Scientists examined relationship between air
pollution and both HDL cholesterol and HDL particle
number in the MESA Air study (Multi-Ethnic Study of
Atherosclerosis Air Pollution).
High-density lipoprotein (HDL) cholesterol helps
curb the odds of heart disease by purging blood
vessels of debris and lowering levels of
triglycerides, dangerous fats that can make blood
thicker, stickier and more prone to clots.
Researchers studied 6,654 adults and found people
exposed to higher levels of fine, ultrafine
particles (PM2.5) and black carbon concentrations in
traffic pollution tended to have lower levels of HDL
cholesterol in their blood.
Exposure periods were averaged to 12 months, 3
months, and 2 weeks prior to examination.
HDL cholesterol and HDL particle number were
measured in the year 2000 using the cholesterol
oxidase method and nuclear magnetic resonance
Researchers used multivariable linear regression to
examine the relationship between air pollution
exposure and HDL measures.
Study participants were 62 years old on average, and
half of them were current or former smokers.
About 16 percent of the participants took
cholesterol-lowering drugs and roughly 45 percent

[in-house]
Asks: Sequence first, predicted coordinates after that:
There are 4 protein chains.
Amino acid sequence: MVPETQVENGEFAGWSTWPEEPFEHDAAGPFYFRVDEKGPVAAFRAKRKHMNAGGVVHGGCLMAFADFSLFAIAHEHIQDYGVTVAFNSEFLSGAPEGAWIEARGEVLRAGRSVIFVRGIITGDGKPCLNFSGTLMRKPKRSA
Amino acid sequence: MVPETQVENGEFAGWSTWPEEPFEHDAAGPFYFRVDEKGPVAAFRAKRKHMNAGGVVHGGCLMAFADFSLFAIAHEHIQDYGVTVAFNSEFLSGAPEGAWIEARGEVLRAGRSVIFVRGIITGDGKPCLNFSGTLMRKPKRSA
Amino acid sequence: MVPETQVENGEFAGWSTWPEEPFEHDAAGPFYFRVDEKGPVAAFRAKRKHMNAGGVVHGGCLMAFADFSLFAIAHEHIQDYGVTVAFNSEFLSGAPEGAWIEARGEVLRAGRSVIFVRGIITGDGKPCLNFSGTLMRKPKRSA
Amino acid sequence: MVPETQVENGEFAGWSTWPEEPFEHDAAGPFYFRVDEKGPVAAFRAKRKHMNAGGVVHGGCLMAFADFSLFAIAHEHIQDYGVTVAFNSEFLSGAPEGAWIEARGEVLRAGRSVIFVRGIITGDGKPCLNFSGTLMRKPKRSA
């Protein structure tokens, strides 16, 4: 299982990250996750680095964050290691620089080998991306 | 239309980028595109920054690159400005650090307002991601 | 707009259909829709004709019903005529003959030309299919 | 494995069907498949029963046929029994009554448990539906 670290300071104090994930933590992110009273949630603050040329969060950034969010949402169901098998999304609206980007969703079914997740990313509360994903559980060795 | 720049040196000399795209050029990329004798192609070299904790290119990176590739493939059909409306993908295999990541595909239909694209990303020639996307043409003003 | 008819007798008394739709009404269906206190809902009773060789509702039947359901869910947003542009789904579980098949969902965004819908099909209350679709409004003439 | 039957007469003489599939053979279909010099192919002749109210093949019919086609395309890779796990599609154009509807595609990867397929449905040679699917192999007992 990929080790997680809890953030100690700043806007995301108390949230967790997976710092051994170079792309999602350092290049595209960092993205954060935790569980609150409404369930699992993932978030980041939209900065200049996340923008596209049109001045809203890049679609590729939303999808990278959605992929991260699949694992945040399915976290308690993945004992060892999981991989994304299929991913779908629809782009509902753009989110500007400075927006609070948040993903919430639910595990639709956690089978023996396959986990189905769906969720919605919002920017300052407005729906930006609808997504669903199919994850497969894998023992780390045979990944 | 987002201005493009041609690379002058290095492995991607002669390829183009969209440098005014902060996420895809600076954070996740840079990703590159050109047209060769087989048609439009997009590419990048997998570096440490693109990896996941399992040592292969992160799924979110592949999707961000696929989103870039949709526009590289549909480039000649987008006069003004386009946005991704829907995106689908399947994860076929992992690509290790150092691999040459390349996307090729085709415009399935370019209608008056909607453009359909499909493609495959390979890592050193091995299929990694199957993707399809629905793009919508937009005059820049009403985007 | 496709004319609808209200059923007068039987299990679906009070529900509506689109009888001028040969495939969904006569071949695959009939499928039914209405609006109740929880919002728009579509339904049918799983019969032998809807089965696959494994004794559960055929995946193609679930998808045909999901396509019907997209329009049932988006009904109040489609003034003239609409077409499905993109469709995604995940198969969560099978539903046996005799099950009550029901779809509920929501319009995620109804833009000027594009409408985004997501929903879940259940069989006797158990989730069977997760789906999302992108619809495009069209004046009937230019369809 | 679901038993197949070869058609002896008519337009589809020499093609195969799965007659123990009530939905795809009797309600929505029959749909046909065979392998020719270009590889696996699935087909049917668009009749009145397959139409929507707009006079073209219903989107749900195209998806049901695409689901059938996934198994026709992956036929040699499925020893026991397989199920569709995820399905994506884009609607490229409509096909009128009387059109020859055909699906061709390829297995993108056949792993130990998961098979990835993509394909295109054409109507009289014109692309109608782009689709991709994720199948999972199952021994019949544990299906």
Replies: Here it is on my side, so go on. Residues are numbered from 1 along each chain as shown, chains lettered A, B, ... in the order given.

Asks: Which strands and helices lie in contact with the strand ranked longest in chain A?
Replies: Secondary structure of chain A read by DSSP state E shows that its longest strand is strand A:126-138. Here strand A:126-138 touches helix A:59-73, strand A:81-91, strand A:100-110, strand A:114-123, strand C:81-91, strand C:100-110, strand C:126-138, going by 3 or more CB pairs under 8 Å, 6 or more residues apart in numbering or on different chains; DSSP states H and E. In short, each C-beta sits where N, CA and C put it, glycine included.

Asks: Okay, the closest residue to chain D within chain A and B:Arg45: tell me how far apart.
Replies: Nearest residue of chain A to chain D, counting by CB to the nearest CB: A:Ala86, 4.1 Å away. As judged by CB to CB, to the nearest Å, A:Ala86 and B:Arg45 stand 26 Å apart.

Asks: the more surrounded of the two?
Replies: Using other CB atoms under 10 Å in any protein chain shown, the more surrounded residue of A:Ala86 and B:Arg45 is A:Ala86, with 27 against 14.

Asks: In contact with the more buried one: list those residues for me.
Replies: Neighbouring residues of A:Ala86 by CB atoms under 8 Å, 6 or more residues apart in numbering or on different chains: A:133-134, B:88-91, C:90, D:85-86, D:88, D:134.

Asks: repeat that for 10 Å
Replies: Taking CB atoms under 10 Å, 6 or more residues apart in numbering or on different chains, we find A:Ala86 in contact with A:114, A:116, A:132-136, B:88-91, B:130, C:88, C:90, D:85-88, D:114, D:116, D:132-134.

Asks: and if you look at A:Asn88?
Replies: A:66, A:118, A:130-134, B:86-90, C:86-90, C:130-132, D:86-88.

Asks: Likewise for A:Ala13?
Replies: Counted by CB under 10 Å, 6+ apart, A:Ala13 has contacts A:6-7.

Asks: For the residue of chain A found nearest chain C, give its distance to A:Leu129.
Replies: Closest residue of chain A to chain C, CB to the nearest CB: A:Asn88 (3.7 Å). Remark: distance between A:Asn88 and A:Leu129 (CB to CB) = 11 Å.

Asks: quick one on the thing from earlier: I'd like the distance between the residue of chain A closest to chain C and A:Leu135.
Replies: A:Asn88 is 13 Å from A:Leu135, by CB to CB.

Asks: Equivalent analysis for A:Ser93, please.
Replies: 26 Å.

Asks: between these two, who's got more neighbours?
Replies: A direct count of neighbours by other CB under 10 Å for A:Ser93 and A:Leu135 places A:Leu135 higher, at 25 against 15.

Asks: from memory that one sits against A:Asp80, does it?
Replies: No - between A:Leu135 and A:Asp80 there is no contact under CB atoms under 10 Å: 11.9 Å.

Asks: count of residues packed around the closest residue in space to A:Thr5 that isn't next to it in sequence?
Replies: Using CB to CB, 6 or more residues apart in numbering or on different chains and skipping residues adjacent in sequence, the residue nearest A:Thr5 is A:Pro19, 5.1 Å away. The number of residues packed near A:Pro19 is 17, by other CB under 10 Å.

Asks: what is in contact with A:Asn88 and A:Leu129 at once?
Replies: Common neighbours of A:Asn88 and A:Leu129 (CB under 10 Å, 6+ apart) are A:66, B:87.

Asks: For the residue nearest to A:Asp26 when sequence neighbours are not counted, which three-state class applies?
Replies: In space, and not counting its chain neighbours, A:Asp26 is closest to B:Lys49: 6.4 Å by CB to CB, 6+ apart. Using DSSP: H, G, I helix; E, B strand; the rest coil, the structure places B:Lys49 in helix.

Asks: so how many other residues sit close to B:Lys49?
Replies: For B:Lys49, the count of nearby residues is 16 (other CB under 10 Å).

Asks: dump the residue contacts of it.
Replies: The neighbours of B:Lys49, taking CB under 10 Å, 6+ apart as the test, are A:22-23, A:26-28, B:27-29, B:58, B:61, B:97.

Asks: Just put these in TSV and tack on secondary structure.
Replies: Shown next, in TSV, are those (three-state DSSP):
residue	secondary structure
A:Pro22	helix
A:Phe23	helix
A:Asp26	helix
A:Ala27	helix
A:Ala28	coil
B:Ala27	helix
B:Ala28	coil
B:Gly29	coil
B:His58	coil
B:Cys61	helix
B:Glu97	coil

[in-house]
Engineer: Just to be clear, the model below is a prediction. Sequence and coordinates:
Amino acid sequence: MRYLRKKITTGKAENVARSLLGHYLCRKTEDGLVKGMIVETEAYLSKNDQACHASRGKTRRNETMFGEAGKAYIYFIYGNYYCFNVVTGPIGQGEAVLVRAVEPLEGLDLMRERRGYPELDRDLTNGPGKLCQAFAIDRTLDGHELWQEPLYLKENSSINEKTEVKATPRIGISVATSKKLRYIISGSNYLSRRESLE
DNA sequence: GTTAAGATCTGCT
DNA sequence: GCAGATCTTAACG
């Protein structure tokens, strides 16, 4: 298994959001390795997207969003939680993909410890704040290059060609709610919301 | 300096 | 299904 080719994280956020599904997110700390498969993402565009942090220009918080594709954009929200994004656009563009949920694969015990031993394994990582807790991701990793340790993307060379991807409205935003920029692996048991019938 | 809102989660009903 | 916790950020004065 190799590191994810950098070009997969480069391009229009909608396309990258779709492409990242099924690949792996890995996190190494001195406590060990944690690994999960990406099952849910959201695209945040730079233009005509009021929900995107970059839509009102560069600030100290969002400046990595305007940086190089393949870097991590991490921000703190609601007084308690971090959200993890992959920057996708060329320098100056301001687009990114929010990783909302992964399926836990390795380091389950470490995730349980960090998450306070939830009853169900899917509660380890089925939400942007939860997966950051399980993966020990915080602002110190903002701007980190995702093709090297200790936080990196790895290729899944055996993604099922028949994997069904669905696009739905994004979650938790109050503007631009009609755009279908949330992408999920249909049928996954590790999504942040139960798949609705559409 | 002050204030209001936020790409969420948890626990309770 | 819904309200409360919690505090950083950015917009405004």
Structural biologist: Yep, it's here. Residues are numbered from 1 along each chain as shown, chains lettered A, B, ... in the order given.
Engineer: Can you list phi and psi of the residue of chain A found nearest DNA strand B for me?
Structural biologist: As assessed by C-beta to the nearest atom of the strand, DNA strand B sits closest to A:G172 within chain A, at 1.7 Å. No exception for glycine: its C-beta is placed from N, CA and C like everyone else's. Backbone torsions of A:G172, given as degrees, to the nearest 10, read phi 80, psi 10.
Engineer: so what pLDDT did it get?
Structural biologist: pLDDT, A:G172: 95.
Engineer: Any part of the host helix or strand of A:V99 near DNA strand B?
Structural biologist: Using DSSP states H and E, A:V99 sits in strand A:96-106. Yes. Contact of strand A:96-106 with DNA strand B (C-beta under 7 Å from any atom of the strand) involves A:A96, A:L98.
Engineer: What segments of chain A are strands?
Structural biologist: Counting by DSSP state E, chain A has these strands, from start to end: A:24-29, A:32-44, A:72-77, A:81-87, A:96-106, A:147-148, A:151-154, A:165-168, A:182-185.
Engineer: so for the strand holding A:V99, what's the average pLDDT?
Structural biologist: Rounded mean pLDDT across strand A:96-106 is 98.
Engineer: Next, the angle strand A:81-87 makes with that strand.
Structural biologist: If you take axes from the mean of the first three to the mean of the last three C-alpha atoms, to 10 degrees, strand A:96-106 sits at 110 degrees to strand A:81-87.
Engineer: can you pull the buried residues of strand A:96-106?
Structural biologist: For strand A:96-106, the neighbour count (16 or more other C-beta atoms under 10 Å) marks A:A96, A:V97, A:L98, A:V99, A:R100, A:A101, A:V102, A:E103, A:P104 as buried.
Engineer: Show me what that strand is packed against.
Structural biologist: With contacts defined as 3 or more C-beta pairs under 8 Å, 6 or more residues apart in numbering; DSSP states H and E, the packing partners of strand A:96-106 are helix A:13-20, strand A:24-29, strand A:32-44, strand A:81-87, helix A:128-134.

had high blood pressure.
None had cardiovascular disease at the start of the
Researchers used participants’ home addresses to
estimate average exposure to PM 2.5 and black carbon
over 12-month, three-month and two-week periods in
the year 2000.
They also looked at blood levels of HDL cholesterol
and another measure known as HDL particle count,
which some scientists believe may be a more accurate
way to assess heart disease risk.
Over one year, people exposed to more black carbon
had lower levels of HDL cholesterol than
participants with little or no exposure to black
carbon. The difference was small, but statistically
Higher black carbon exposure over one year was also
associated with lower HDL particle counts, but this
difference was too small to rule out the possibility
that it was due to chance, researchers report in the
journal Arteriosclerosis, Thrombosis, and Vascular
Over three months, however, the picture looked
In this shorter-term analysis, higher levels of fine
particulate matter were associated with a lower HDL
The slightly lower level of HDL cholesterol seen
with high pollution exposure was too small a
difference to rule out chance, but it was still
comparable to the rise in HDL seen when smokers
quit, the researchers note.
The study wasn’t a controlled experiment designed to
prove how traffic fumes directly influence
cholesterol or the risk of heart disease.
These data are consistent with the hypothesis that
exposure to air pollution is adversely associated
with measures of HDL.
For more information
Arteriosclerosis, Thrombosis, and Vascular Biology
Association of Air Pollution Exposures With
High-Density Lipoprotein Cholesterol and Particle